LATIMER, Julian, RADM

Deceased
 
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Last Rank
Rear Admiral Upper Half
Last Rating/NEC Group
Line Officer
Primary Unit
1927-1930, 4th Naval District
Service Years
1890 - 1930
Rear Admiral Upper Half
Rear Admiral Upper Half

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Home State
West Virginia
West Virginia
Year of Birth
1868
 
This Military Service Page was created/owned by Steven Loomis (SaigonShipyard), IC3 to remember LATIMER, Julian (Navy Cross), RADM.

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Contact Info
Home Town
Shepherdstown W.V.
Last Address
Elmwood Cemetery,
Shepherdstown,
Jefferson Co., WV

Date of Passing
Jun 04, 1939
 
Location of Interment
Not Specified
Wall/Plot Coordinates
Not Specified

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Julian Lane Latimer
Rear Admiral U.S. Navy
Navy Cross, USS Rhode Island WWI
9th Judge Advocates General of the Navy,
Commander of the Special Service Squadron,
Flag Commandant of the Philadelphia Navy Yard
and Fourth Naval District.


From 1925 to 1927 Rear Adm. Julian Lane Latimer was commander of the Special Service Squadron, a collection of five old, slow cruisers, based in Panama for patrolling Central American waters. During Latimer's duty with the squadron, U.S. Marines landed in Nicaragua to begin the second intervention.

Born in Shepherdstown, West Virginia, in 1868, Latimer graduated from the United States Naval Academy in 1890. He served in Cuban waters during the Spanish-Cuban/American War and commanded the battleship RHODE ISLAND patrolling the Atlantic coast during World War I. He was made admiral in 1923.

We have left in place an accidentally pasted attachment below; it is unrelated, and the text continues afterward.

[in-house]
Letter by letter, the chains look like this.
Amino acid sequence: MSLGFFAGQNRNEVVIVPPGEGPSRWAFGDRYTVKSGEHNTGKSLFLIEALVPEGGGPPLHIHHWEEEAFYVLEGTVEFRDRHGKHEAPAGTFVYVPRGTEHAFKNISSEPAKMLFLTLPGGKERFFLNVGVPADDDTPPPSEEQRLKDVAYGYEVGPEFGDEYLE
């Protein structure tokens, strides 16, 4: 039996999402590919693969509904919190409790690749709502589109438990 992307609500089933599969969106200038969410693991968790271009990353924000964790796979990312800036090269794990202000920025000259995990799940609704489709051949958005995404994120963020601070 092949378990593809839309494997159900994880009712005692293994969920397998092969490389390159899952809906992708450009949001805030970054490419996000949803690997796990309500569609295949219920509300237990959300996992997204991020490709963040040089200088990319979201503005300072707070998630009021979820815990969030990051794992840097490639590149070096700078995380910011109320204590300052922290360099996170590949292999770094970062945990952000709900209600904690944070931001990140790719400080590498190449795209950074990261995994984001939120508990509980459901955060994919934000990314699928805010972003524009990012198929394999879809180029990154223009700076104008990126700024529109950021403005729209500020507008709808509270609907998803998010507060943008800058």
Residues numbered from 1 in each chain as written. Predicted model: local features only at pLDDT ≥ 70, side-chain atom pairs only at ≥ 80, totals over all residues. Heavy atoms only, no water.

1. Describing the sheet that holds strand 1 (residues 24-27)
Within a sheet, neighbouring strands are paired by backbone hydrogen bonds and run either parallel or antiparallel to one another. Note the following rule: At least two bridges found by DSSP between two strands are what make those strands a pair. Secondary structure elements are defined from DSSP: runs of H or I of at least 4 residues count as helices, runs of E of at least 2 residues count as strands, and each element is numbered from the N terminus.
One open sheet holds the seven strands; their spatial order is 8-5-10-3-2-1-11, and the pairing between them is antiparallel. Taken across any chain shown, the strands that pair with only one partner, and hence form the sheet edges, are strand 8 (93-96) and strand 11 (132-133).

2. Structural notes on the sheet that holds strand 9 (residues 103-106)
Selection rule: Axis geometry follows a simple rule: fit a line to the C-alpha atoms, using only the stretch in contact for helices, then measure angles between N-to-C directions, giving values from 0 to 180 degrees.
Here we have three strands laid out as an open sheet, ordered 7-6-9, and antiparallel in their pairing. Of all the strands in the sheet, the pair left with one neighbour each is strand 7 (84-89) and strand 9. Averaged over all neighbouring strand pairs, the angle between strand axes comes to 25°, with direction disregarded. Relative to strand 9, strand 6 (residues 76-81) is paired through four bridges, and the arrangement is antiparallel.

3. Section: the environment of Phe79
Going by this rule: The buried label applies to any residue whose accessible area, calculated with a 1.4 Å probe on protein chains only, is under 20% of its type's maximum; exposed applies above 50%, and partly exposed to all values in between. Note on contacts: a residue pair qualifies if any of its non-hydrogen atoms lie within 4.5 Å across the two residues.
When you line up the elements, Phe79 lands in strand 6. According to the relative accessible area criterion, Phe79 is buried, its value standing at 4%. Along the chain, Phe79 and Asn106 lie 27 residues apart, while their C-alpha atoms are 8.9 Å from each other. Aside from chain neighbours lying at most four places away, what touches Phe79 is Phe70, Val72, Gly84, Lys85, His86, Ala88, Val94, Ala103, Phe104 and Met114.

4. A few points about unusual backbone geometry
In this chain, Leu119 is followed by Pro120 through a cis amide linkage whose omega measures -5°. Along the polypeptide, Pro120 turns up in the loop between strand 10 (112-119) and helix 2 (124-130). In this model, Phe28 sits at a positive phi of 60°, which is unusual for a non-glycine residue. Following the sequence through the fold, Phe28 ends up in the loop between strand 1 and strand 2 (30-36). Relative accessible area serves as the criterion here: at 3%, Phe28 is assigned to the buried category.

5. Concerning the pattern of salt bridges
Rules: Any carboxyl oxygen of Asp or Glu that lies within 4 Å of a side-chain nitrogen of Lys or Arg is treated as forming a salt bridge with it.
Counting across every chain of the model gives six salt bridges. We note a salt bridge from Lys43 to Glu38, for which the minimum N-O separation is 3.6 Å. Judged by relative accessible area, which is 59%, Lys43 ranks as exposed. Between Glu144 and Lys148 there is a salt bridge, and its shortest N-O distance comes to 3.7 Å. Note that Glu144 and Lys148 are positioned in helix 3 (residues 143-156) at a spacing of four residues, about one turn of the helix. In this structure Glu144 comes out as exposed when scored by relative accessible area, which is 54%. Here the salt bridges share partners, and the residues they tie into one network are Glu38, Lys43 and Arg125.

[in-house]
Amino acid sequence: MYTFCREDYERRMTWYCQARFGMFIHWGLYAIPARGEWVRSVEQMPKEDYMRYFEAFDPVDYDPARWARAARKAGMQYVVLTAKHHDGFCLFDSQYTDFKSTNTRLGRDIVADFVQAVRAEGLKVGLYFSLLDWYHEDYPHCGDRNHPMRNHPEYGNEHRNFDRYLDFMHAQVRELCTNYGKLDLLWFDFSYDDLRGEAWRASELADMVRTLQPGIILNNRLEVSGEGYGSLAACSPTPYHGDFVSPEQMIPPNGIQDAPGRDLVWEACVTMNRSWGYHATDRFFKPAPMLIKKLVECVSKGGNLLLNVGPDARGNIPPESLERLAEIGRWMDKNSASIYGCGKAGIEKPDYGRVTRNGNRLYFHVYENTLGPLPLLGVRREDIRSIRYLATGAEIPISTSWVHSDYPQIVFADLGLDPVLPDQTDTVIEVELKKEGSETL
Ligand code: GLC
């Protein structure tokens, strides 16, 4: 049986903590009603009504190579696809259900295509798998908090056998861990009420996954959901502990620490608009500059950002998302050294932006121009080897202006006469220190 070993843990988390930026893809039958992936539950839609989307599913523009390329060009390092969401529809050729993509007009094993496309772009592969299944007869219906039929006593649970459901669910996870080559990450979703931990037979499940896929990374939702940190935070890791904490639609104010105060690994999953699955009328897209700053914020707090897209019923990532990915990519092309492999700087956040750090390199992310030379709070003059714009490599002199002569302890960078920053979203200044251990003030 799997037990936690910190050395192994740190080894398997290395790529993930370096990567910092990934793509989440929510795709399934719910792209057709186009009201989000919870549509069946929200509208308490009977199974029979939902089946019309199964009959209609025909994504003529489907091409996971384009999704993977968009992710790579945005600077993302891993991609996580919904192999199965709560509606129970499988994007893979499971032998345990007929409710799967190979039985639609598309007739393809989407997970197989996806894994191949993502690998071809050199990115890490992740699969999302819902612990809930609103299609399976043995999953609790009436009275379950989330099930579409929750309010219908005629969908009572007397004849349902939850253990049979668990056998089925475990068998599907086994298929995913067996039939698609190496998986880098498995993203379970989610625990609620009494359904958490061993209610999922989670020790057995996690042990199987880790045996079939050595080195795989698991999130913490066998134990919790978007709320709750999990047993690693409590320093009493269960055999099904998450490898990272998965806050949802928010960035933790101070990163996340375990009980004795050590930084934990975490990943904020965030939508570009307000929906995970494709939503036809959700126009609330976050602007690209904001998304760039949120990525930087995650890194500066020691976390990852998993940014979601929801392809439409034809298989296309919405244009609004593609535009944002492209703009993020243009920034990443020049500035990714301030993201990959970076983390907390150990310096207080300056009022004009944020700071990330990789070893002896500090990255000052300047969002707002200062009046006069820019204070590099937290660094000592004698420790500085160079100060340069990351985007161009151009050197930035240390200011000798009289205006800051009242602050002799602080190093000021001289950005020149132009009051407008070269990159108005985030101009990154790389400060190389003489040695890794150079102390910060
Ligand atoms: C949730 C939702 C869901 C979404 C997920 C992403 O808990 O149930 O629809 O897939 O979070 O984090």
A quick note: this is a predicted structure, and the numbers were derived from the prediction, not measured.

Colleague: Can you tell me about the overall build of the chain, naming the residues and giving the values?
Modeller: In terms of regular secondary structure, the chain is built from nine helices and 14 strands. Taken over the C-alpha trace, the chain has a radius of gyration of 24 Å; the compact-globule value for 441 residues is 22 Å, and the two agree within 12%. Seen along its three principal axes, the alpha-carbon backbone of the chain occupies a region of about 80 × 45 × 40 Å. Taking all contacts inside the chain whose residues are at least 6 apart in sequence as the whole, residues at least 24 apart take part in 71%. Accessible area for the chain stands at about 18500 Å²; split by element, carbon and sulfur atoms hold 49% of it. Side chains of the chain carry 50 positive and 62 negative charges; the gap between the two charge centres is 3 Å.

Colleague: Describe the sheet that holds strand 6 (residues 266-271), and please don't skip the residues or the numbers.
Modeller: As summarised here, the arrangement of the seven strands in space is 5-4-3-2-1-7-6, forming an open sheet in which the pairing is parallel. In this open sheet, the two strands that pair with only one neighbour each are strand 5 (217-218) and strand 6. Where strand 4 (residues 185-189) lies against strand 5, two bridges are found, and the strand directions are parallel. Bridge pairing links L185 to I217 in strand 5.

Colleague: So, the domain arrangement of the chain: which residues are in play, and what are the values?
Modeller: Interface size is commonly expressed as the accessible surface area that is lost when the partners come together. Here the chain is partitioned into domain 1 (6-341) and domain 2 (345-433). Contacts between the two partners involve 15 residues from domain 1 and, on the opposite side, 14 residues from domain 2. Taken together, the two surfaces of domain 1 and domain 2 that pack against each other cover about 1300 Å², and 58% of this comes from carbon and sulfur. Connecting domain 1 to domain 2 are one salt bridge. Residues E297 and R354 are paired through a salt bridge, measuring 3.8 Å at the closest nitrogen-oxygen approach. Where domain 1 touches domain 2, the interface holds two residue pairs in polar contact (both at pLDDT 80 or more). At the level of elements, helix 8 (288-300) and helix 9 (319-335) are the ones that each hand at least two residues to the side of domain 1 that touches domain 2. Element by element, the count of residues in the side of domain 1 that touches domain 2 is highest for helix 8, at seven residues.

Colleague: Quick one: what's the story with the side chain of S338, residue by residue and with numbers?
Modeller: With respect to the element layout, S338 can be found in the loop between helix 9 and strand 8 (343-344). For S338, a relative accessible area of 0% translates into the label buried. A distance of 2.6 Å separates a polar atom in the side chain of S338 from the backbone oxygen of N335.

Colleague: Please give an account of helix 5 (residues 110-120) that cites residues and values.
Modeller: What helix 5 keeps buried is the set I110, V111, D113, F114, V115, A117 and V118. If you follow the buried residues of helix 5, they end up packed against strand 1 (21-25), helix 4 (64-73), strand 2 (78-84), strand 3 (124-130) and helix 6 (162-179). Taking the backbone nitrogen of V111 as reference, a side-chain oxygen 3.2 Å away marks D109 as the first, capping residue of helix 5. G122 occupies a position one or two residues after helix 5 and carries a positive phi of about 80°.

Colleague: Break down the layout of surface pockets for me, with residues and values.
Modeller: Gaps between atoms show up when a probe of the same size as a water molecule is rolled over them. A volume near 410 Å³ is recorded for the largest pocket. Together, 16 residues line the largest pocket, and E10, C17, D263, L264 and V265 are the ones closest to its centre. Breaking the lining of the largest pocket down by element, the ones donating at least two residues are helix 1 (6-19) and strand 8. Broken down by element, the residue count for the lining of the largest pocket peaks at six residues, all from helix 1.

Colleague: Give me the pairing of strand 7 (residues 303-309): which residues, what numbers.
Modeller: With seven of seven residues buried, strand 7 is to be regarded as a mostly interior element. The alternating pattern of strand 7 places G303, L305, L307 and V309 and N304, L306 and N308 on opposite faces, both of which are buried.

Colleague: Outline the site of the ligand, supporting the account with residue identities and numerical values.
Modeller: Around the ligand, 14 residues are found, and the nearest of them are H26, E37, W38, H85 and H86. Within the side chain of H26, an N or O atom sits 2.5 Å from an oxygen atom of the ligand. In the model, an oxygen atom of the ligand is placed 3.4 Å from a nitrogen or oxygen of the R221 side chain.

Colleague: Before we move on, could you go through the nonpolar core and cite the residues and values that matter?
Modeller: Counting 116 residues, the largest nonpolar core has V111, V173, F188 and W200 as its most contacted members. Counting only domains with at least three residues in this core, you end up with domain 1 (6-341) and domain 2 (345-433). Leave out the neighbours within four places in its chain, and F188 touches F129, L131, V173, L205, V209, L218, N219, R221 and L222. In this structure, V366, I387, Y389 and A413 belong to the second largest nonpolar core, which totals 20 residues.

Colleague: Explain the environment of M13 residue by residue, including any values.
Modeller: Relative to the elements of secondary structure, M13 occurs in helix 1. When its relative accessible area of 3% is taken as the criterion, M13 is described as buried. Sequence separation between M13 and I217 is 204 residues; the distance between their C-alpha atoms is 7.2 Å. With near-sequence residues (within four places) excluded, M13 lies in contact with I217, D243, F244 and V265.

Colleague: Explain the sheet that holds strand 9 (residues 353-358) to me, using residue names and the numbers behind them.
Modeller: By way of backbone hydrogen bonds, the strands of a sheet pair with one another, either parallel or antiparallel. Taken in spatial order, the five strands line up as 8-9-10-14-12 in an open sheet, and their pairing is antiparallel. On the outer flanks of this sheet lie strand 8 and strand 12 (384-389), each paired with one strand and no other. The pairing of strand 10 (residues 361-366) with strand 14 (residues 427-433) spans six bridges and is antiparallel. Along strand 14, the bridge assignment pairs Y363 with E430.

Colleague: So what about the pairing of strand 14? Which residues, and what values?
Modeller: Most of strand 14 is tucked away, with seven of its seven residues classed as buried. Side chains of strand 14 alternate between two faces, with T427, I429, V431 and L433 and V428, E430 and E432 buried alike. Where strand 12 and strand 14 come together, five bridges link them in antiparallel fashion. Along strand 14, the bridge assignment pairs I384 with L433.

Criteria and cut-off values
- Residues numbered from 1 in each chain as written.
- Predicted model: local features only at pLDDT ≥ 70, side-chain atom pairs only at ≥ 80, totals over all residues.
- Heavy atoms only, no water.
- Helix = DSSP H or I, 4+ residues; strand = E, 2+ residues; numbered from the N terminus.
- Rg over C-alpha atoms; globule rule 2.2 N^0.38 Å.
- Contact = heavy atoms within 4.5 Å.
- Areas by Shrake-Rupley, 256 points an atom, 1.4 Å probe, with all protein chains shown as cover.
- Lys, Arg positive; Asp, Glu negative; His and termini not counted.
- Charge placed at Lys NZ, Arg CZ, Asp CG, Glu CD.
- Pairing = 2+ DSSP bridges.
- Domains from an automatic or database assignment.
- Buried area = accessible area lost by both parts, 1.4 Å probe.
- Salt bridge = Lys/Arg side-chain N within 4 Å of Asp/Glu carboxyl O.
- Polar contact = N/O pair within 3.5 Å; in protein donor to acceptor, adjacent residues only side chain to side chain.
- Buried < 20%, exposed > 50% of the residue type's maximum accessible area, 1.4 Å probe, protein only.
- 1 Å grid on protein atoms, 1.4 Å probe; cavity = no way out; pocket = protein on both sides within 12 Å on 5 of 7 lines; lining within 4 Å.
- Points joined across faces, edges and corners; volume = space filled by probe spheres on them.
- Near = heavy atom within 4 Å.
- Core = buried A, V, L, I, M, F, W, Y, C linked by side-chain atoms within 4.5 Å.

After Gen. Emiliano Chamorro Vargas's coup d'état of October 1925, the opposition Liberal party forces raised the banner of counterrevolution on Nicaragua's eastern coast in May 1926. In response to U.S. And British consular requests at Bluefields, and with Washington's approval, Admiral Latimer sent the cruiser CLEVELAND and its marines to occupy the town and to protect the customs house and customs collector, then under U.S. Supervision. Chamorro was able to reestablish his authority along the Caribbean coast within a few weeks, but by August Latimer had to send ships to Corinto on the Pacific side and again to Bluefields because of disturbed conditions. As Nicaragua was about to begin a new revolutionary cycle, Latimer and the United States chargé d' affaires, Lawrence Dennis, talked with antagonists to arrange a conference in October at Corinto aboard the DENVER, another of Latimer's old cruisers. Although the conferees reached no agreement, Chamorro resigned by the end of the month and Adolfo Dîaz, a former conservative president, emerged as the new head of state.

The United States extended diplomatic recognition to Dîaz's government, but because he was no more acceptable to the Liberals than Chamorro had been, the revolution continued. Latimer responded to pleas for protection from U.S. Citizens by creating neutral zones, including one at Puerto Cabezas, where the Liberal claimant to the presidency had established his government. Another zone in which fighting was prohibited was established along Nicaragua's Pacific Railroad from the west coast port of Corinto to Managua. Although neutral zones were created primarily to protect lives and property of U.S. Citizens, they also controlled Liberal bases in a manner that favored the Conservative government. When Liberals attempted to collect an export tax on mahogany logs, Latimer instructed U.S.-owned companies to pay taxes only to the government. There were also charges that Latimer had ordered the destruction of ammunition belonging to the Liberals at Puerto Cabezas, and there was criticism, denied by Latimer, that Conservative forces used the railway while the Liberals were excluded.